Embedded Systems Design, April 2006 - Embedded.com

Embedded Systems Design, April 2006


August ESP

VOL. 19 NO. 4
April 2006

Table of Contents

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Eclipse under the hood
by Robert Day
Links to Embedded.com's version of an article that printed in Embedded Systems Design magazine. The Eclipse open-source movement has brought unusual consistency and cooperation to the development process. Now software tools from different vendors can work together. How is this magic achieved, and what does it really bring to an engineer's daily work?

Closed for business: how open is Eclipse open source?
by Mike McCullough
The rise of Eclipse has brought questions about its true nature. Is it a savior or a Trojan Horse? A skeptical engineer looks deeply into Eclipse and concludes: buyer beware.

Offshoring confidential
by Carey Butler
Whether it's across the street or around the planet, outsourcing jobs is a fixture of engineering life. Here are the top five tips from one who’s seen it all.

Detecting CTCSS tones with the Goertzel algorithm
by Gene Small
You can improve your wireless communications by detecting Continuous Tone Carrier Squelch System (CTCSS) tones using the modified Goertzel DFT algorithm. Code listings, algorithms, and practical advice make this a must-keep article for working engineers.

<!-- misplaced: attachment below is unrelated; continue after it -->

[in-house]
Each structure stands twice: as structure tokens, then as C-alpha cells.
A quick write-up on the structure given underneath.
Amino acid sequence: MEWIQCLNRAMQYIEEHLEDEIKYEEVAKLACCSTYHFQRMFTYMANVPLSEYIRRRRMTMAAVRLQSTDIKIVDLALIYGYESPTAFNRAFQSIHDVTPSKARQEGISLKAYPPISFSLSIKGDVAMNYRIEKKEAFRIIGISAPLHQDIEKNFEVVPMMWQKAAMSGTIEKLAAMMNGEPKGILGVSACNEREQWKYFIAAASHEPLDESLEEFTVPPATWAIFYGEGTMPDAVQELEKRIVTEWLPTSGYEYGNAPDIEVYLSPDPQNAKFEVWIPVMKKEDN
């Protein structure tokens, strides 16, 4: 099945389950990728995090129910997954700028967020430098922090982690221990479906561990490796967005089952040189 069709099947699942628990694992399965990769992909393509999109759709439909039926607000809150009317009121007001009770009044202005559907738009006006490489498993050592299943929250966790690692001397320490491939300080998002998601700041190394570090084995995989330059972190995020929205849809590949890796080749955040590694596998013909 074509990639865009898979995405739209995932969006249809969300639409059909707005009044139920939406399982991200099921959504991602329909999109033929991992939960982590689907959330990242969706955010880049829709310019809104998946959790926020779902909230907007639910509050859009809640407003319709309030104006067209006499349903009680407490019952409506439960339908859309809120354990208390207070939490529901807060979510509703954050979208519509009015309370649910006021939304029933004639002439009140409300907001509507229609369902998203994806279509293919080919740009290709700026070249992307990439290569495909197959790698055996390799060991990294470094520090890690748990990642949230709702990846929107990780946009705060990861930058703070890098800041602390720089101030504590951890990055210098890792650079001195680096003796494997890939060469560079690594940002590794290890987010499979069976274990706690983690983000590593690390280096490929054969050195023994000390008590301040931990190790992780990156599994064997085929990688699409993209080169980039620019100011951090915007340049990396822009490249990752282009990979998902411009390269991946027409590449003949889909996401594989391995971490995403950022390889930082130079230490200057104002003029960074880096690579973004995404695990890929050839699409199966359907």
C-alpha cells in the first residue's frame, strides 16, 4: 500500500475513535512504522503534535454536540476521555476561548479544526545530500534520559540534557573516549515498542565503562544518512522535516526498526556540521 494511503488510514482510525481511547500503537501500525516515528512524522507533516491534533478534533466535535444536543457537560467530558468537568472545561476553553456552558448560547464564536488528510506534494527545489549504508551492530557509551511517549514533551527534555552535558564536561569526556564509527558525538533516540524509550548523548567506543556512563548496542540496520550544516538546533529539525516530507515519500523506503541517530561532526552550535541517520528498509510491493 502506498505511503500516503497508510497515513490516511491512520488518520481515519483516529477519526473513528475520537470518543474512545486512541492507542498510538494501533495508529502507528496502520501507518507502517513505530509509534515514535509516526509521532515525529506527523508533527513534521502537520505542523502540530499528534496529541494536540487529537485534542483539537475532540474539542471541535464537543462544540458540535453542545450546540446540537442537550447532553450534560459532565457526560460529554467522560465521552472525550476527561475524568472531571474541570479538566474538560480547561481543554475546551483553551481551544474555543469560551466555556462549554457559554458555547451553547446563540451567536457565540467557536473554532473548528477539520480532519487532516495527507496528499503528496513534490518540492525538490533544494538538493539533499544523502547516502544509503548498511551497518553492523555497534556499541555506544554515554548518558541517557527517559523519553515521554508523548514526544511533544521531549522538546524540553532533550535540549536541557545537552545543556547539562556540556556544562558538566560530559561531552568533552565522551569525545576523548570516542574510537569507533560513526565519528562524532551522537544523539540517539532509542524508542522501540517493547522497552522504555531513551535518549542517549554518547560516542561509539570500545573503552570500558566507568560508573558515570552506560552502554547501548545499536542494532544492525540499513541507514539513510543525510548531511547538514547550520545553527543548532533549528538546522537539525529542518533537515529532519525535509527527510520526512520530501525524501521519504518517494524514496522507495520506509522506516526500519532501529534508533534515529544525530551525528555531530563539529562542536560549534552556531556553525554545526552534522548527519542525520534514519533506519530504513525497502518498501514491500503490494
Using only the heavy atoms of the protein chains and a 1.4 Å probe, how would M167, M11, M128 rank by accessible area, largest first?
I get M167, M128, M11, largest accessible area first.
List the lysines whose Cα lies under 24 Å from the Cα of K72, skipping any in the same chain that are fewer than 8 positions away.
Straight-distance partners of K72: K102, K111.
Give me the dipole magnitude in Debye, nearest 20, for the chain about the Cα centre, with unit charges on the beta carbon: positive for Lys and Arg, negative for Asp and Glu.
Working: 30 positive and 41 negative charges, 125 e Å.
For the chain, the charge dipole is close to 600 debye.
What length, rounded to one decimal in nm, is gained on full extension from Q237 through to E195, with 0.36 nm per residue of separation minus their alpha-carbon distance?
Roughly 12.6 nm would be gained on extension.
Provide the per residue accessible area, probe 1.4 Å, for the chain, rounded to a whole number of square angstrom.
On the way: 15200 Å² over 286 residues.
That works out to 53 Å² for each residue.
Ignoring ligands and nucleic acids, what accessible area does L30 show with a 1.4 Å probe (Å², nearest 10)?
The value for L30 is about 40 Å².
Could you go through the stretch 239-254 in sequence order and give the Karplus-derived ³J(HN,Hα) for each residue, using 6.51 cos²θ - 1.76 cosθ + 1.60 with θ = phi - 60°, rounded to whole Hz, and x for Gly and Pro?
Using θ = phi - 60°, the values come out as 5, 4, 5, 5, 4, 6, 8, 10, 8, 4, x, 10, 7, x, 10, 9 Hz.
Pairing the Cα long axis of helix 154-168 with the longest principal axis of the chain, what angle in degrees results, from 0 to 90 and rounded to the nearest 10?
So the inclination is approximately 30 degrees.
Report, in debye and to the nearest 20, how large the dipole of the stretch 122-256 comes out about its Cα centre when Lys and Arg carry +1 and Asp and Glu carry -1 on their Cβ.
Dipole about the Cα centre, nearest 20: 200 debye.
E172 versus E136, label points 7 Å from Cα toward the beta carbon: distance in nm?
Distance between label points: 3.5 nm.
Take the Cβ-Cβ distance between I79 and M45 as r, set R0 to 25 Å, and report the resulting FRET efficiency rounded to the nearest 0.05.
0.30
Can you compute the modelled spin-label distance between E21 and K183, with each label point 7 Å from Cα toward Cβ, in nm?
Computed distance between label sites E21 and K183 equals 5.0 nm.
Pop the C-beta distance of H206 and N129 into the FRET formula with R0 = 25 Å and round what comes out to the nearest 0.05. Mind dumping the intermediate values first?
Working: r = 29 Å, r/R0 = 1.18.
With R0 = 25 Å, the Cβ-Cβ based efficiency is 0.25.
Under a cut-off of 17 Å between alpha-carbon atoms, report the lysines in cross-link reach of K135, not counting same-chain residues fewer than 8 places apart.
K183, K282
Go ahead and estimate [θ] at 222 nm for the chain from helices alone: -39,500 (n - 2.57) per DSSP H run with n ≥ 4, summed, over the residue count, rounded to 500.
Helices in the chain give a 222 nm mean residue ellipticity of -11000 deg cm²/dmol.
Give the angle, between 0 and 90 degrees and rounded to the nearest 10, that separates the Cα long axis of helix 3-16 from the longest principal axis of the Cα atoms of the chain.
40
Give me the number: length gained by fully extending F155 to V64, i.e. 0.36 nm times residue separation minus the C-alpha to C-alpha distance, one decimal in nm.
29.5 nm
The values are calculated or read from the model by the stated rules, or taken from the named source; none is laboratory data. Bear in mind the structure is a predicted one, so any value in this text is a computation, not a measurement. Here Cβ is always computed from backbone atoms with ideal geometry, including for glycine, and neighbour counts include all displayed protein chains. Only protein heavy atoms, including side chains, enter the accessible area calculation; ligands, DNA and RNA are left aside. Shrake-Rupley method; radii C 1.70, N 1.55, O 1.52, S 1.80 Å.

Programmer's Toolbox
Two different worlds

by Jack Crenshaw
Learn how to estimate derivatives using finite differences.

Break Points
Approximating reality

by Jack G. Ganssle
Simple floating-point approximations let you trade off speed vs. precision in real-time systems.


Taming the Hydra

by Jim Turley
Multicore processors have been around forever but having good tools for programming them is new.

Assembly lines
Assembly lines: news from inside the bubble

by Jim Turley
DHL replaces DSL. Coca-Cola Company and Pepsico target embedded systems engineers with new soda lines? Sound crazy? It is. Here is April news for embedded systems fools.

Memory overload
Getting here from there

by Jim Turley
If Embedded Systems Design magazine were translated into geologic time our 18 years might convert to Cambrian days and our readers into trilobytes. These articles from days of future past hold the same relevance today as when they were first published.

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